Pillararene-based amphiphilic supramolecular brush copolymers: fabrication, controllable self-assembly and application in self-imaging targeted drug delivery
Guocan Yu, Run Zhao, Dan Wu, Fuwu Zhang, Li Shao, Jiong Zhou, Jie Yang, Guping Tang, Xiaoyuan Chen and Feihe Huang
Polym. Chem., 2016, 7, 6178-6188.
Supramolecular brush copolymers (SBPs) fabricated from simple building blocks via non-covalent interaction have tremendous advantages, such as stimuli-responsiveness. X. Chen, F. Huang and coworkers at Zhejiang University (China) and National Institutes of Health (USA) constructed SBP-based supramolecular nanoparticles (SNPs), which were utilized as a self-imaging drug delivery vehicle by taking advantage of the photophysical effect of aggregation-induced emission. The fluorescence arising from tetraphenylethene and doxorubicin (DOX) was quenched due to the involved energy transfer relay effect. The silenced fluorescence was recovered at low pH and by reductase through the release of the loaded DOX, achieving in situ visualization of the drug release process. In vitro and in vivo experiments confirmed that the DOX-loaded SNPs showed excellent antitumor efficacy with negligible systemic toxicity. The present study provides a novel supramolecular method for the construction of self-imaging drug delivery systems, with promising applications in the field of cancer treatment.
Room temperature phosphorescence of 4-bromo-1,8-naphthalic anhydride derivative-based polyacrylamide copolymer with photo-stimulated responsiveness
Hui Chen, Lei Xu, Xiang Ma and He Tian
Polym. Chem., 2016, 7, 3989–3992
In this work, X. Ma, H. Tian and coworkers at the East China University of Science and Technology developed a new system of room temperature phosphorescence (RTP). The system was constructed from γ-cyclodextrin (γ-CD) and a polymer containing 4-bromo-1,8-naphthalic anhydride moiety (poly-BrNpA). While the aqueous solution of poly-BrNpA alone does not give any RTP signal, the poly-BrNpA/γ-CD binary system shows RTP emission centered at 580 nm with a lifetime of 0.32 ms. NMR spectroscopy was used to study the complexation behavior and to prove that the RTP of poly-BrNpA/γ-CD is from the host-guest interaction between poly-BrNpA and γ-CD. From poly-BrNpA/γ-CD, a pure organic RTP hydrogel was successfully prepared. Through incorporating azobenzene (Azo) unit, the RTP of the ternary mixture of poly-BrNpA/γ-CD/poly-Azo becomes reversibly tunable by the photo-isomerization of the Azo unit. This photo-regulation is achieved by the inclusion competition between the cis/trans isomers of the Azo unit and poly-BrNpA.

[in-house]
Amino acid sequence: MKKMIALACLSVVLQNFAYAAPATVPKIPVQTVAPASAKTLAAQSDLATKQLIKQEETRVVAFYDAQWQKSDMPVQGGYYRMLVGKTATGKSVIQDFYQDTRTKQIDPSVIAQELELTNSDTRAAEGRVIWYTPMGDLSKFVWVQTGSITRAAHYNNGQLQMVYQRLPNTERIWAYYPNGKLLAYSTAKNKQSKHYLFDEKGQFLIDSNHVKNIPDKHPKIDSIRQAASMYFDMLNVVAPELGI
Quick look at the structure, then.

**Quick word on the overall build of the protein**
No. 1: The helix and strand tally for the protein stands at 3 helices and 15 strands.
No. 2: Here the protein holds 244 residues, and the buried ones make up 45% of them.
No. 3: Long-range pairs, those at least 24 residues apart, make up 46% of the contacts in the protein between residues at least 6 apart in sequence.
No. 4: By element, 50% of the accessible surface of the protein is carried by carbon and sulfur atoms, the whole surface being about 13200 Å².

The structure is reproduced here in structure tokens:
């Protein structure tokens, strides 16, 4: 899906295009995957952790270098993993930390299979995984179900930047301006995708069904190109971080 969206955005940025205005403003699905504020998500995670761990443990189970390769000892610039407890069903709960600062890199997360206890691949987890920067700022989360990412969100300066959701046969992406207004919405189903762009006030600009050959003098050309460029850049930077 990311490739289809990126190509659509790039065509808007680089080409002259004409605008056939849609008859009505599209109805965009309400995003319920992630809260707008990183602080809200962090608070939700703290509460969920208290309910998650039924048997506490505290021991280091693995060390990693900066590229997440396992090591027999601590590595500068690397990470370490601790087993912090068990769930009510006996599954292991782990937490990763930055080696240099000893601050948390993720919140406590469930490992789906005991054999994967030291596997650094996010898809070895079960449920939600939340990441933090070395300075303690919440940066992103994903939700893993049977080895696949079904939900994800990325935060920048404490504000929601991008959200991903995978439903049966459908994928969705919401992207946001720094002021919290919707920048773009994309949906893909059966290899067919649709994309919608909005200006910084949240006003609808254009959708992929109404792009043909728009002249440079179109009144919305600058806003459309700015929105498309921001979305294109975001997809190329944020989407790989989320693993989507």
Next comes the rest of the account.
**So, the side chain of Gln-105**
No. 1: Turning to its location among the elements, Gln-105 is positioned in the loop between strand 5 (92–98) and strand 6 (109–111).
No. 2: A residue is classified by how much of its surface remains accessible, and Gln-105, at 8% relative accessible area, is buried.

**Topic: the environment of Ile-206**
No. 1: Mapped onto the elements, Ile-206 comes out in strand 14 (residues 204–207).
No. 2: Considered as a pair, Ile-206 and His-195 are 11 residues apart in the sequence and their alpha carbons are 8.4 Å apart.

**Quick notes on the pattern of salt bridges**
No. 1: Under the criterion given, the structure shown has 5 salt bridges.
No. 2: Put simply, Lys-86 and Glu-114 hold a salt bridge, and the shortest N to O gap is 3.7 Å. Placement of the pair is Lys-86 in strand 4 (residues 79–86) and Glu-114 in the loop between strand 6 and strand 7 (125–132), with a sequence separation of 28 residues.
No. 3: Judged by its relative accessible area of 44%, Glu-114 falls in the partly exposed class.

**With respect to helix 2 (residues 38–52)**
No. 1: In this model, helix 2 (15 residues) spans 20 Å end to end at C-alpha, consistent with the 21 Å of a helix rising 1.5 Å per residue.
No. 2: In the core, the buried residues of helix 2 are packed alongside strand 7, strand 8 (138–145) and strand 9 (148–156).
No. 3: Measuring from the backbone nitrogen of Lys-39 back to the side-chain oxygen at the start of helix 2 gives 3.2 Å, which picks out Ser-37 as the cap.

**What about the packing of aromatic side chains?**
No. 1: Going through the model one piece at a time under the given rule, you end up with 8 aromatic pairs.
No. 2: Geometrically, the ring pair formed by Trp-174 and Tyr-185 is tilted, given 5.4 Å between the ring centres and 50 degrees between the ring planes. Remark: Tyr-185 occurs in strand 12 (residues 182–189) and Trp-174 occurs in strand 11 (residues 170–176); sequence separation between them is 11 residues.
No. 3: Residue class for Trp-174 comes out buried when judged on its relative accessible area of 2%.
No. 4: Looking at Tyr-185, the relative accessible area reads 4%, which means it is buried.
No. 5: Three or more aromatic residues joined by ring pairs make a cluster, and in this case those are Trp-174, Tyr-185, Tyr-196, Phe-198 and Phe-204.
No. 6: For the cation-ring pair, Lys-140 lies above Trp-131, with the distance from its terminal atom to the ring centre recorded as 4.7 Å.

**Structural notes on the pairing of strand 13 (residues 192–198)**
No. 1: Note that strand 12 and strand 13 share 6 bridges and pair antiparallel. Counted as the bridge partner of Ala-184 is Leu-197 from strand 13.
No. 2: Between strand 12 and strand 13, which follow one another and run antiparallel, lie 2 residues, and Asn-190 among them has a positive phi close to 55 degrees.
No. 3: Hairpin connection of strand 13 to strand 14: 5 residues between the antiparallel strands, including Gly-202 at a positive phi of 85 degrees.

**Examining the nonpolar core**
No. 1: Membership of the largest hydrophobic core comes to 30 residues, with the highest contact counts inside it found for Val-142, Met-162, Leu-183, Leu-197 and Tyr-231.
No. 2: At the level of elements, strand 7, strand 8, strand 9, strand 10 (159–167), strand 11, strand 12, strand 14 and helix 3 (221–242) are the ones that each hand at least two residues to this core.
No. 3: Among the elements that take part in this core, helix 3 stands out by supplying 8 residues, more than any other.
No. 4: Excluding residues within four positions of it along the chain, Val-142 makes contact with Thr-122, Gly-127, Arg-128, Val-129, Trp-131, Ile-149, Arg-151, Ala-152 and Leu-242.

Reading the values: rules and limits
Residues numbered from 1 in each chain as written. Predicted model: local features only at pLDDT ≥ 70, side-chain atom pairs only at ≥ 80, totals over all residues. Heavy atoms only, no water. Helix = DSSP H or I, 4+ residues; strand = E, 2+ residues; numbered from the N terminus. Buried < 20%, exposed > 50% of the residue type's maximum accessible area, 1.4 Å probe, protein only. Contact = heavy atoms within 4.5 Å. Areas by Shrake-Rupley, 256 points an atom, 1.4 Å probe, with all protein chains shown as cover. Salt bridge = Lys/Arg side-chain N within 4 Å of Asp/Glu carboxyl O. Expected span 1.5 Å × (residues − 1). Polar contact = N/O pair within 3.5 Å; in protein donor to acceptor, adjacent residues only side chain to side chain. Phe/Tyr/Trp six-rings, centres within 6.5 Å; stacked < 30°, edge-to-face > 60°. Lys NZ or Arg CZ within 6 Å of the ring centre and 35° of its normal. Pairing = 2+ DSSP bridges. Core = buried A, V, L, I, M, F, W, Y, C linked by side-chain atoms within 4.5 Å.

Synthesis and chiroptical properties of a π-conjugated polymer containing glucose-linked biphenyl units in the main chain capable of folding into a helical conformation
Tomoyuki Ikai, Syo Shimizu, Seiya Awata, Tomoya Kudo, Takayuki Yamada, Katsuhiro Maeda and Shigeyoshi Kanoh
Polym. Chem., 2016, DOI: 10.1039/c6py01759b
An optically active π-conjugated polymer containing chiral glucose-linked biphenyl units can interconvert between random-coil and helical-chain conformations in response to external environment, as demonstrated by T. Ikai et al. at Kanazawa University (Japan). The optically active polymer likely folds into a helical structure with a preferred handedness in the suspension containing high amounts of a poor solvent (acetonitrile), whereas the polymer conformation becomes a random coil in pure good solvent (chloroform). In addition, the chiral helical polymer shows efficient left-handed circularly polarized luminescence (CPL) with a green color. The solvent-dependent CPL signal change was also observed. The dissymmetry factor of the chiral helical polymer can reach 1.9×10-2 in the film state. The researchers thus offer a new approach to functional materials through utilization of the chirality of abundant biomass resources.